New Recommendations Released – Call for Fair Treatment for the Formerly Incarcerated

Today, CSH and 16 community partners released a set of recommendations to the New York City Supportive Housing Task Force focused squarely on the overwhelming need to ensure supportive housing for persons with criminal justice histories.

People reentering our communities from incarceration have been shortchanged in every New York State and City supportive housing agreement to date. In the face of incredible barriers, many who have served their time are confronted with a second punishment when they attempt to begin new lives but are denied access to affordable housing and the services they desperately need to stabilize. This sets off a chain of despair that often leads to homelessness, poverty and recidivism.

CSH and its partners know it doesn’t have to be this way. Of all the issues facing returning prisoners, the need to secure stable, affordable housing is one of the most essential, and supportive housing can and should play a crucial role.

Over 77,000 people were released from New York City Department of Corrections’ jails in FY 2015[1] and Mayor Bill de Blasio’s recently announced plan to add 15,000 units of supportive housing to the City provides an unparalleled opportunity to address the needs of the growing numbers of individuals hoping to rebound, rebuild and reestablish in our community.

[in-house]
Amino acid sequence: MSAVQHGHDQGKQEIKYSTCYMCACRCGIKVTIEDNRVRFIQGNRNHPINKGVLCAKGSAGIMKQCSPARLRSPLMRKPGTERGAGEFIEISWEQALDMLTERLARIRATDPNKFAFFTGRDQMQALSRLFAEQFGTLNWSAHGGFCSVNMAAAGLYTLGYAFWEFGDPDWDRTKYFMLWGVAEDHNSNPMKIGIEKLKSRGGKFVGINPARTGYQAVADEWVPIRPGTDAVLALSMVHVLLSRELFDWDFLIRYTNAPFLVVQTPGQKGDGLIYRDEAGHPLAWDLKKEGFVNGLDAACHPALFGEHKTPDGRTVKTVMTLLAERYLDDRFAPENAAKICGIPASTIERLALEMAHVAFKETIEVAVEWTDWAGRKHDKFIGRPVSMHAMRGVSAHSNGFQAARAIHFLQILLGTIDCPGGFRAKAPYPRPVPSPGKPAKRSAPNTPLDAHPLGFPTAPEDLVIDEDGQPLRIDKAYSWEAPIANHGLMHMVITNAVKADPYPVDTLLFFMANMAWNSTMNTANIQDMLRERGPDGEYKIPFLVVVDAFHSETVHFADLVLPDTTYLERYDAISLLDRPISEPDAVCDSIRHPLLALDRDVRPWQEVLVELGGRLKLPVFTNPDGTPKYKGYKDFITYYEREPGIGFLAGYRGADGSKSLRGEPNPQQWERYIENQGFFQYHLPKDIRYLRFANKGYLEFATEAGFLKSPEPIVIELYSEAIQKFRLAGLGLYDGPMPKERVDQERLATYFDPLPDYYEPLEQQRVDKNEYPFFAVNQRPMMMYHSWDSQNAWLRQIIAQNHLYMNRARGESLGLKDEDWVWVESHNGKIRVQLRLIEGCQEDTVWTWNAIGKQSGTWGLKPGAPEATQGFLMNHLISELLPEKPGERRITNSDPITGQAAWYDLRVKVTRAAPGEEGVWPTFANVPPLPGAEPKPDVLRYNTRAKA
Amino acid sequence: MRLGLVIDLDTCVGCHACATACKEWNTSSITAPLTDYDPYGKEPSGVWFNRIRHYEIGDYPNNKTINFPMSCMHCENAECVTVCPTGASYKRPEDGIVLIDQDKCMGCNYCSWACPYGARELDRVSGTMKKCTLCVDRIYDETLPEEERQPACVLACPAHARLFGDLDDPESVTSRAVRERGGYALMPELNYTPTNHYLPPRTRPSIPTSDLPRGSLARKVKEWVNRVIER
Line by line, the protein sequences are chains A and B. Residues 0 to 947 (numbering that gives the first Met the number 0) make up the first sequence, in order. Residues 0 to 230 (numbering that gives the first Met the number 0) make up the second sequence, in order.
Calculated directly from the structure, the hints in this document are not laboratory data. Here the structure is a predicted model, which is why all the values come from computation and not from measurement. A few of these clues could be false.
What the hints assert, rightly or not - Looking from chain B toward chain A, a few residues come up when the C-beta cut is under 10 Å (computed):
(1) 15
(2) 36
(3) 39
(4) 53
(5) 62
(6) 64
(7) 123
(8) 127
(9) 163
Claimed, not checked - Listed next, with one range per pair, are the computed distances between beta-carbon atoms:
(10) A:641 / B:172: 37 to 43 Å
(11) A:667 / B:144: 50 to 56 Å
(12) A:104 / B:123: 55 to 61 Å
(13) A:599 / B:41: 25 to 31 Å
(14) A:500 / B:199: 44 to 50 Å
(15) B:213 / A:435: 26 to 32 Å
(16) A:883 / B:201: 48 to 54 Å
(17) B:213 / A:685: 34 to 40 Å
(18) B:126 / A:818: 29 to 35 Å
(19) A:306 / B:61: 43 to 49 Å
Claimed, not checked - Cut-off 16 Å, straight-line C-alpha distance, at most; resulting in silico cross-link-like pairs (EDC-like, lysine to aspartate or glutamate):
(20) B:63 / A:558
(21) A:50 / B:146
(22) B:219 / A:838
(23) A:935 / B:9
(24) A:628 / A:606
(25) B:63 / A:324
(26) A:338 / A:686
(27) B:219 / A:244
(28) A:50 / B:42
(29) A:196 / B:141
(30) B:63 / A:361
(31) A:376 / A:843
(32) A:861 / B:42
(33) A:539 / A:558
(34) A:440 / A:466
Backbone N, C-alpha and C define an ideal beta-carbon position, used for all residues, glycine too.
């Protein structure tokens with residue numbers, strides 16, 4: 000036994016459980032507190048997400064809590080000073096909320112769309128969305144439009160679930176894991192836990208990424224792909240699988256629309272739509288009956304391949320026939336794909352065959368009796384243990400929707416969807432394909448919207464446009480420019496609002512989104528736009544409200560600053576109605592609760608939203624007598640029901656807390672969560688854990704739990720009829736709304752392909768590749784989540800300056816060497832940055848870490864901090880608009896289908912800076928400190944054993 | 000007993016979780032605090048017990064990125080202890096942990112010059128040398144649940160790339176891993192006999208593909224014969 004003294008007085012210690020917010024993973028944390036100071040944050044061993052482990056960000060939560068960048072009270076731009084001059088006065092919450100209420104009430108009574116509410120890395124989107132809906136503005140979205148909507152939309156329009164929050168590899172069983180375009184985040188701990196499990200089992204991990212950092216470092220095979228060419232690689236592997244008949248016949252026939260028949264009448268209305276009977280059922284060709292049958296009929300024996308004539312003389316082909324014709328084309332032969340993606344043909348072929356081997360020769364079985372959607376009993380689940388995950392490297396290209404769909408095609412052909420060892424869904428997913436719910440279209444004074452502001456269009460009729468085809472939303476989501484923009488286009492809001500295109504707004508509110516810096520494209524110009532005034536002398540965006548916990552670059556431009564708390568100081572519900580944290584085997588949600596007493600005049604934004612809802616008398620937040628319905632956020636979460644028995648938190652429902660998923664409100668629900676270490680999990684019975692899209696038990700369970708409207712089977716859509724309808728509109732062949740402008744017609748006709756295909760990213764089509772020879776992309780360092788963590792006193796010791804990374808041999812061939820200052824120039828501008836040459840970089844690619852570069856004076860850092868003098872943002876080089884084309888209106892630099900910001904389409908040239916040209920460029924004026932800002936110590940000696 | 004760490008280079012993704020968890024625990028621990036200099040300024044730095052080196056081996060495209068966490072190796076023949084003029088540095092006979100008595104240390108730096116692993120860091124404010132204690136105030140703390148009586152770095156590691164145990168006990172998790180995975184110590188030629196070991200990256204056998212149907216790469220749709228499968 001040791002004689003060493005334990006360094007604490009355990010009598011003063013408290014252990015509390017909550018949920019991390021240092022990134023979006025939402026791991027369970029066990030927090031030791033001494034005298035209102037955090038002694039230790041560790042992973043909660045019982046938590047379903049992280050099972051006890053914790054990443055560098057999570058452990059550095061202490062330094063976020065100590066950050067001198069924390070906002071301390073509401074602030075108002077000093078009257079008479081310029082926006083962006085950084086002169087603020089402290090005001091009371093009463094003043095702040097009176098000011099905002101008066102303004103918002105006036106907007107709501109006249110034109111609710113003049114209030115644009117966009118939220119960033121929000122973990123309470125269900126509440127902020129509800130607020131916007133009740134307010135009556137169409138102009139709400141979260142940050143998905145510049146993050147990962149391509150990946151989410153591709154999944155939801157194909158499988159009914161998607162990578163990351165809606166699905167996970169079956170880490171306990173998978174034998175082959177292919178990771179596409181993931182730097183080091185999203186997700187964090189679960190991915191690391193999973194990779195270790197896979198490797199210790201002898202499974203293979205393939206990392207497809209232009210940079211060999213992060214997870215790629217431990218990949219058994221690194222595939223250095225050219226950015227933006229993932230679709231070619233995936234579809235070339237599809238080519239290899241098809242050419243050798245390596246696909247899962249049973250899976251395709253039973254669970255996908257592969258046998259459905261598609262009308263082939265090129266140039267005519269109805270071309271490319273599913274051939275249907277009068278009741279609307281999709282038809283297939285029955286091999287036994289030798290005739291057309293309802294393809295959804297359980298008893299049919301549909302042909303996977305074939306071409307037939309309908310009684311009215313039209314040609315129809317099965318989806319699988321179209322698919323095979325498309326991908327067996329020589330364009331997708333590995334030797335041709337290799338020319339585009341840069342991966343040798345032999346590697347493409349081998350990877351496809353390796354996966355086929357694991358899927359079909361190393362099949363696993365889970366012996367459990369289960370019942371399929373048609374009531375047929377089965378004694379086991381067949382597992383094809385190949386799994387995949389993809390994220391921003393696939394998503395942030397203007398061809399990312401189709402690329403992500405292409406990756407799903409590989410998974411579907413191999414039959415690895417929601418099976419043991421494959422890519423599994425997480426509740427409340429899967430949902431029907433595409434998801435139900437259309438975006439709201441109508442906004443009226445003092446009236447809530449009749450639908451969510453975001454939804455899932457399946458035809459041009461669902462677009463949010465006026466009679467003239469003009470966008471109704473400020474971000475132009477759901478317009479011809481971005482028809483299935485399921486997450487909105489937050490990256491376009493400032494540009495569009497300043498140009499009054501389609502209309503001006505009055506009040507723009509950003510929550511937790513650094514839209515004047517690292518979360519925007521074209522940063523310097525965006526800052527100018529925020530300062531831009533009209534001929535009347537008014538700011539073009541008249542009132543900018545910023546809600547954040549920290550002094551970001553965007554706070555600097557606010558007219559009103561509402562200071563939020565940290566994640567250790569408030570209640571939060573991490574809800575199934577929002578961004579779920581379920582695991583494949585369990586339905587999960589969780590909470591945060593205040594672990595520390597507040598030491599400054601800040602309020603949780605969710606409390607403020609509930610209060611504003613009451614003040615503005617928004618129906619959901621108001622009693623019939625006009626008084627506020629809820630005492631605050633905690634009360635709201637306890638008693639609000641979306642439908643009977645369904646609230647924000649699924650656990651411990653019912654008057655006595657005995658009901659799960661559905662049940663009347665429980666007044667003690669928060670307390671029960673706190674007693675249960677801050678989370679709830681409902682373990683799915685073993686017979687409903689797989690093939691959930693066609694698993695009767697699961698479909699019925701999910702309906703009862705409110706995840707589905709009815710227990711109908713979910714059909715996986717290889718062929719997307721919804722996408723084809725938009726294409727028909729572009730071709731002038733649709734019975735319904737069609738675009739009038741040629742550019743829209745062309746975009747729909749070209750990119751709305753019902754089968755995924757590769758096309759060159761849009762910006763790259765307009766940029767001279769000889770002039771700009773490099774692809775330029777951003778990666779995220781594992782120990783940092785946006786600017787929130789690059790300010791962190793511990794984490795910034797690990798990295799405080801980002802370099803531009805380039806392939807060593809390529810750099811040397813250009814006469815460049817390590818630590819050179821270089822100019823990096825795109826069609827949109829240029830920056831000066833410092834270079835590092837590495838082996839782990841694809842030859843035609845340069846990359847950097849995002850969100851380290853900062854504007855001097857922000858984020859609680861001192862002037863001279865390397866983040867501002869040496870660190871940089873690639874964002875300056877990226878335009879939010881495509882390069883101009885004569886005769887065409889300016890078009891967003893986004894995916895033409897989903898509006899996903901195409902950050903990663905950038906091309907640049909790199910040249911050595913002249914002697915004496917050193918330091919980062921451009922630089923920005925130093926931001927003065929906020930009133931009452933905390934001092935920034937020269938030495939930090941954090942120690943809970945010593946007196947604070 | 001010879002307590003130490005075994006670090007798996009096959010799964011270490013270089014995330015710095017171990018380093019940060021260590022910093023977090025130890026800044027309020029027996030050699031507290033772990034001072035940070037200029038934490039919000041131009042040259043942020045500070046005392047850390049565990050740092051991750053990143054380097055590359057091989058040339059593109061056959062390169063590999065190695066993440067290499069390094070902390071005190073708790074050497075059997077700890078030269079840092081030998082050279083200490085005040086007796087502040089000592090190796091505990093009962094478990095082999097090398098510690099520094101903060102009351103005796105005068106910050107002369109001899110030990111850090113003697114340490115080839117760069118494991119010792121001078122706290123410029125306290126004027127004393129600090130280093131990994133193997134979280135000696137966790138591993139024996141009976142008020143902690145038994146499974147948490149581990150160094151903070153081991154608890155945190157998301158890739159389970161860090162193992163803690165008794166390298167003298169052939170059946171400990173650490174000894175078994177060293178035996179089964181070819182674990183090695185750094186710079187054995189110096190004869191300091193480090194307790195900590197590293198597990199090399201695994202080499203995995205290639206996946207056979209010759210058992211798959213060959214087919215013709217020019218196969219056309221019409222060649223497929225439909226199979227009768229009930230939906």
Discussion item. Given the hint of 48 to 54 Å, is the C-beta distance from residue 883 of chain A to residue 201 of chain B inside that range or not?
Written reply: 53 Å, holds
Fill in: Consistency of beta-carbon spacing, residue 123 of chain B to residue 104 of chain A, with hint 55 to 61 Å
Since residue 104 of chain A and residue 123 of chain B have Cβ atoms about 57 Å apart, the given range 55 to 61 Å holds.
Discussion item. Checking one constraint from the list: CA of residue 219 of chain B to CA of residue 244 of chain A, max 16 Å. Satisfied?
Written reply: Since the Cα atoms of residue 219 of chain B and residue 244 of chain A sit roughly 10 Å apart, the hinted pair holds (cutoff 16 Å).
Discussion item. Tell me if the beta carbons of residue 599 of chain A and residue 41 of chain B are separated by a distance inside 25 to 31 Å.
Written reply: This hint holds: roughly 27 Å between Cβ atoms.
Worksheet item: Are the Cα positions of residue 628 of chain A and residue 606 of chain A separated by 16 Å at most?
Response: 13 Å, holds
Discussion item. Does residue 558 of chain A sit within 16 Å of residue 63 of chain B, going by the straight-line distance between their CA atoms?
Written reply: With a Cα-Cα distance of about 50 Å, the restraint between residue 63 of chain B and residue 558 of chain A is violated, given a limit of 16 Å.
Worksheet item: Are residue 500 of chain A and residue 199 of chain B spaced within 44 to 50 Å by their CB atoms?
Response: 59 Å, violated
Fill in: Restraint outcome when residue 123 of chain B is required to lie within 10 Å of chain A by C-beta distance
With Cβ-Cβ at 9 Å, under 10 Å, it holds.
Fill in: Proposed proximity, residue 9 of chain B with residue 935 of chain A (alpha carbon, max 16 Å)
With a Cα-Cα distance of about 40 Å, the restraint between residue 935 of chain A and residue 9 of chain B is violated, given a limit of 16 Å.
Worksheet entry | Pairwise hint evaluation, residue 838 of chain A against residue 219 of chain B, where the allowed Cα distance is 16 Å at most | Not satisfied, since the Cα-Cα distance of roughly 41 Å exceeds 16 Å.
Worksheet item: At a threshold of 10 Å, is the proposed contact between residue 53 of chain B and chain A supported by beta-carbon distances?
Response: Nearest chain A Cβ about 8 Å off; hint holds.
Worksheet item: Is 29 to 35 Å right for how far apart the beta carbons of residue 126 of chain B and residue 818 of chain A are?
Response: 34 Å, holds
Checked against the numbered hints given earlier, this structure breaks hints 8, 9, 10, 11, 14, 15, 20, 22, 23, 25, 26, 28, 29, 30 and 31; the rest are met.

These collaborative recommendations call for at least 15% of new supportive housing resources to be dedicated to individuals and families with criminal justice histories. CSH and its partners also recommend:

  • targeting criteria to ensure access to housing for people who need it the most
  • policies that bar discrimination and assure equal access to supportive housing for people with criminal justice histories
  • strategies to better develop the referral system for justice-involved populations
  • effective programming structure and service budget guidance

CSH and its partners believe that by including this population in the next supportive housing agreement, the City can expect reductions in recidivism, parole violations, shelter use, and use of crisis services, particularly among those who find their new home in supportive housing.

[1] NYC Mayor’s Office of Operations, Preliminary Fiscal 2015 Mayor's Management Report

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